A Slice of the Pie: Sorting through memories – Mementos in mind

January 2023 Posted in Opinion / Columnists

When I walked into my great grandmother’s house for the last time I was submerged by memories. The matriarch of our family, hers was the home in which we all gathered for holidays, after funerals and every day in between. 

The house was small, simple and welcoming. There wasn’t a piece of furniture or a knick-knack we kids couldn’t touch, nothing was forbidden. The epitome of hospitality, my grandmother was the ultimate hostess.

Sitting in her recliner, crocheting a dishcloth or rag rug, snacking on popcorn and watching her shows, my grandmother kept the door open, the heat on and the pantry stocked. 

This was where my sister and I went after school, during the summer days and when we wanted to get away. Because my grandma told stories. She listened. She was a constant presence, even when we weren’t.

And then one day she was gone. The door to the house was locked, the heat turned off, the food in the refrigerator gone bad, everything cold to the touch. Because the spirit of the house – my grandmother’s spirit – was gone, and with it the meaning behind every thing. 

What was left felt like so much debris, things missing a purpose or story. The cigar lovingly wrapped in a handkerchief and tucked into a box now lacked meaning. Small notes, written in her lovely, looping hand were indecipherable without her help. 

What should stay and what must go? We hesitated between the boxes destined for the thrift shop, the bins marked with our names and the already bulging trash cans. But she wasn’t there to ask.

Pictures and letters were easy and hard. Effortless to divide, they nevertheless reminded us how few had been sent, how often she was met with an empty mailbox at the end of the day. 

Clothes were easy too. Stacks of colorful sweatshirts and neatly pressed jeans that were meant only for her body, fit for no one else, destined to find a new home. But what of the more delicate items – her bras and underwear – we paused before opening the drawers. It felt wrong but necessary, sorting these things we had never felt compelled to touch in the private domain that had always been hers.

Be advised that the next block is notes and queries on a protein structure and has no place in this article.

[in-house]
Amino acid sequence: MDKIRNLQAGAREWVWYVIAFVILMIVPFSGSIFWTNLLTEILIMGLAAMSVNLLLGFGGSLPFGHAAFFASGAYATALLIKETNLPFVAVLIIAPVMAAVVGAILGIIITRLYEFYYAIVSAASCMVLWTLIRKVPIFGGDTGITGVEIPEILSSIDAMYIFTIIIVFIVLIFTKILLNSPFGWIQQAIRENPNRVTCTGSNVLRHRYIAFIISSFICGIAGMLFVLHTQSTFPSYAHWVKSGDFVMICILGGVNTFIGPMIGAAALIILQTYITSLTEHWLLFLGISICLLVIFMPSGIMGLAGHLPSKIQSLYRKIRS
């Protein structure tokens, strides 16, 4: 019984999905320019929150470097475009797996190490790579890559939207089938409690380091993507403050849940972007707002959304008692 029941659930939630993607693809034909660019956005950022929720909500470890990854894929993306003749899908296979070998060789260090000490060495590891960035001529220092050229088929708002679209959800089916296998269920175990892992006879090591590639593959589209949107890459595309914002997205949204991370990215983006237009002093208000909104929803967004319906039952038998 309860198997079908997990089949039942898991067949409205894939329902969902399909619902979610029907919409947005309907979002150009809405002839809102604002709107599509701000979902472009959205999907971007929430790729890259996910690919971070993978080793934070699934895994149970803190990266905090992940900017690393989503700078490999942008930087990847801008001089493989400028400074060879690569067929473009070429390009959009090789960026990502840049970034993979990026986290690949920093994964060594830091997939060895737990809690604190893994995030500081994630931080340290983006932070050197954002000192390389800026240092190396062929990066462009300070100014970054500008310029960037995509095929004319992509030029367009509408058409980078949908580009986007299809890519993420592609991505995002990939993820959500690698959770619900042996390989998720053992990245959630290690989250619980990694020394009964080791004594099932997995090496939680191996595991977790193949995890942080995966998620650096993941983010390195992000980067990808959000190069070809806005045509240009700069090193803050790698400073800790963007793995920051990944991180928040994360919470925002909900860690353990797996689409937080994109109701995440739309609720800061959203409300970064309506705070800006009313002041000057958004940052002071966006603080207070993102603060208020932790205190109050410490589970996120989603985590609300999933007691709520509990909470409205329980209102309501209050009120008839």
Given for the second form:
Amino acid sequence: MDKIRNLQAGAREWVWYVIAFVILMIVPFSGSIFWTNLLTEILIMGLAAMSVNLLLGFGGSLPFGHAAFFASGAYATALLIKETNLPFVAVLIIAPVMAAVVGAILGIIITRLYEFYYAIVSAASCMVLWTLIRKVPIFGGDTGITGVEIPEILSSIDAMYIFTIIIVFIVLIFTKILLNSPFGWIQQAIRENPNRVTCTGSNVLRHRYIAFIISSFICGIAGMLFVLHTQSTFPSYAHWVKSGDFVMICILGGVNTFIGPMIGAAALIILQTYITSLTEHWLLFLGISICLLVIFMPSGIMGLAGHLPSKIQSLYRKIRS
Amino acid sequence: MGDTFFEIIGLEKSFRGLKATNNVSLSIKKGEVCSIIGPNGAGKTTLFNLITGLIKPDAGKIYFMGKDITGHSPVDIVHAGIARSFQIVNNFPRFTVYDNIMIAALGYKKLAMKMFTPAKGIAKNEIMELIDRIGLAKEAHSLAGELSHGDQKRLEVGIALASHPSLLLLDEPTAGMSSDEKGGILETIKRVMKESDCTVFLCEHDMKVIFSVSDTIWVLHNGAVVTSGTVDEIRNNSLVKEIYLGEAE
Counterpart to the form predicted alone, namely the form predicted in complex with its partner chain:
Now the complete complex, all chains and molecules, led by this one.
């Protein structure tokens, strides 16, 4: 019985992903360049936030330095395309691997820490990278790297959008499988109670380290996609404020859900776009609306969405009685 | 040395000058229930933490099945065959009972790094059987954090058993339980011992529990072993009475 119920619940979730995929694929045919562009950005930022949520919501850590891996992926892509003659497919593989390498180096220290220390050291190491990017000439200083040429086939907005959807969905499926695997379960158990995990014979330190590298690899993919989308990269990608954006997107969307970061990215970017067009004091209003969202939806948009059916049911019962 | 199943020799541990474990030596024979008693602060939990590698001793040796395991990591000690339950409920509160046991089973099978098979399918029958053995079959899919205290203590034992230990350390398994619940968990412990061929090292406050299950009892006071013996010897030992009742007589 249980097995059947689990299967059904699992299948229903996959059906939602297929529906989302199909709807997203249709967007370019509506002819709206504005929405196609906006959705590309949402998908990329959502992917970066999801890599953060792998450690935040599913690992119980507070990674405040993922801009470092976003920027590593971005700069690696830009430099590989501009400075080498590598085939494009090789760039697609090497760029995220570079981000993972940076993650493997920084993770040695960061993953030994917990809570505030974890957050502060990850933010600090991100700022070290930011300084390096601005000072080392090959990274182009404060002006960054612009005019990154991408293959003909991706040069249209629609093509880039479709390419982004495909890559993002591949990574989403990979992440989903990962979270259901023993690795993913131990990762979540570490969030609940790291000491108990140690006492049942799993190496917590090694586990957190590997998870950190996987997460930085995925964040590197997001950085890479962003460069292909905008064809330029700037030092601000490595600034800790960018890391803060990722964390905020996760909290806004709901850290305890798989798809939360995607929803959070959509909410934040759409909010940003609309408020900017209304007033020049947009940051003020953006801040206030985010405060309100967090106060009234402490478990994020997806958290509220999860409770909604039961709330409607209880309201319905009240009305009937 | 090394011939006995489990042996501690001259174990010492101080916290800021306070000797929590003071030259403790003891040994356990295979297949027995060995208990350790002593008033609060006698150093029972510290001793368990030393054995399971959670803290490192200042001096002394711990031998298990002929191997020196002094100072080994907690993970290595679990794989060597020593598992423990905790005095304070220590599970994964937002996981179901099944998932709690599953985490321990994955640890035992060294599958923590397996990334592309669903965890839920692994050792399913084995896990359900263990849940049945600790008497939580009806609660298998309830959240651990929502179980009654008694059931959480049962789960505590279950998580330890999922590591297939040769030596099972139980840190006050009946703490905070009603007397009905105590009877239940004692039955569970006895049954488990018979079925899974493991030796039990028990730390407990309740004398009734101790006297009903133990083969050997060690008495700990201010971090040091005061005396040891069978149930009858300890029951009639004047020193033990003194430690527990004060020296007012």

Easier was the kitchen, familiar and straightforward with fewer surprises. The refrigerator, a time capsule went back months and then years, to before she lost the energy and will to cook. The cupboards were the same. Spices from the 1970s and ’80s, giving off only the faintest aroma from their desiccated contents. Tools whose life began in a very different kitchen, on a backcountry ranch, where my grandmother’s task had been to feed the hired hands. 

Some of these I took with me, history in the shape of cast iron pans whose satiny finish is the work of years, a glass measuring cup, gone cloudy with use but which still holds some purpose, and a stack of cut-glass serving trays commemorating every holiday dinner and more memories than I can count.

Set against the mountains of things I would never see again, my stack of memorabilia seemed so small. I added a straw hat, a knitted afghan, an ironing board. My van took on the aroma of my childhood. I fought the urge to save more, to save everything. 

And then I realized, thankfully, that I didn’t need to. What was really important – my memories of my grandma and the lessons that she taught me – were already there. 

They’re in my belief that a house doesn’t need to be fancy if it’s home. That the door should always be open to family and friends. That telling your story is important but listening to the stories of others is essential. And that there’s no thing we can accumulate in this life that comes even close to the people we share it with. 

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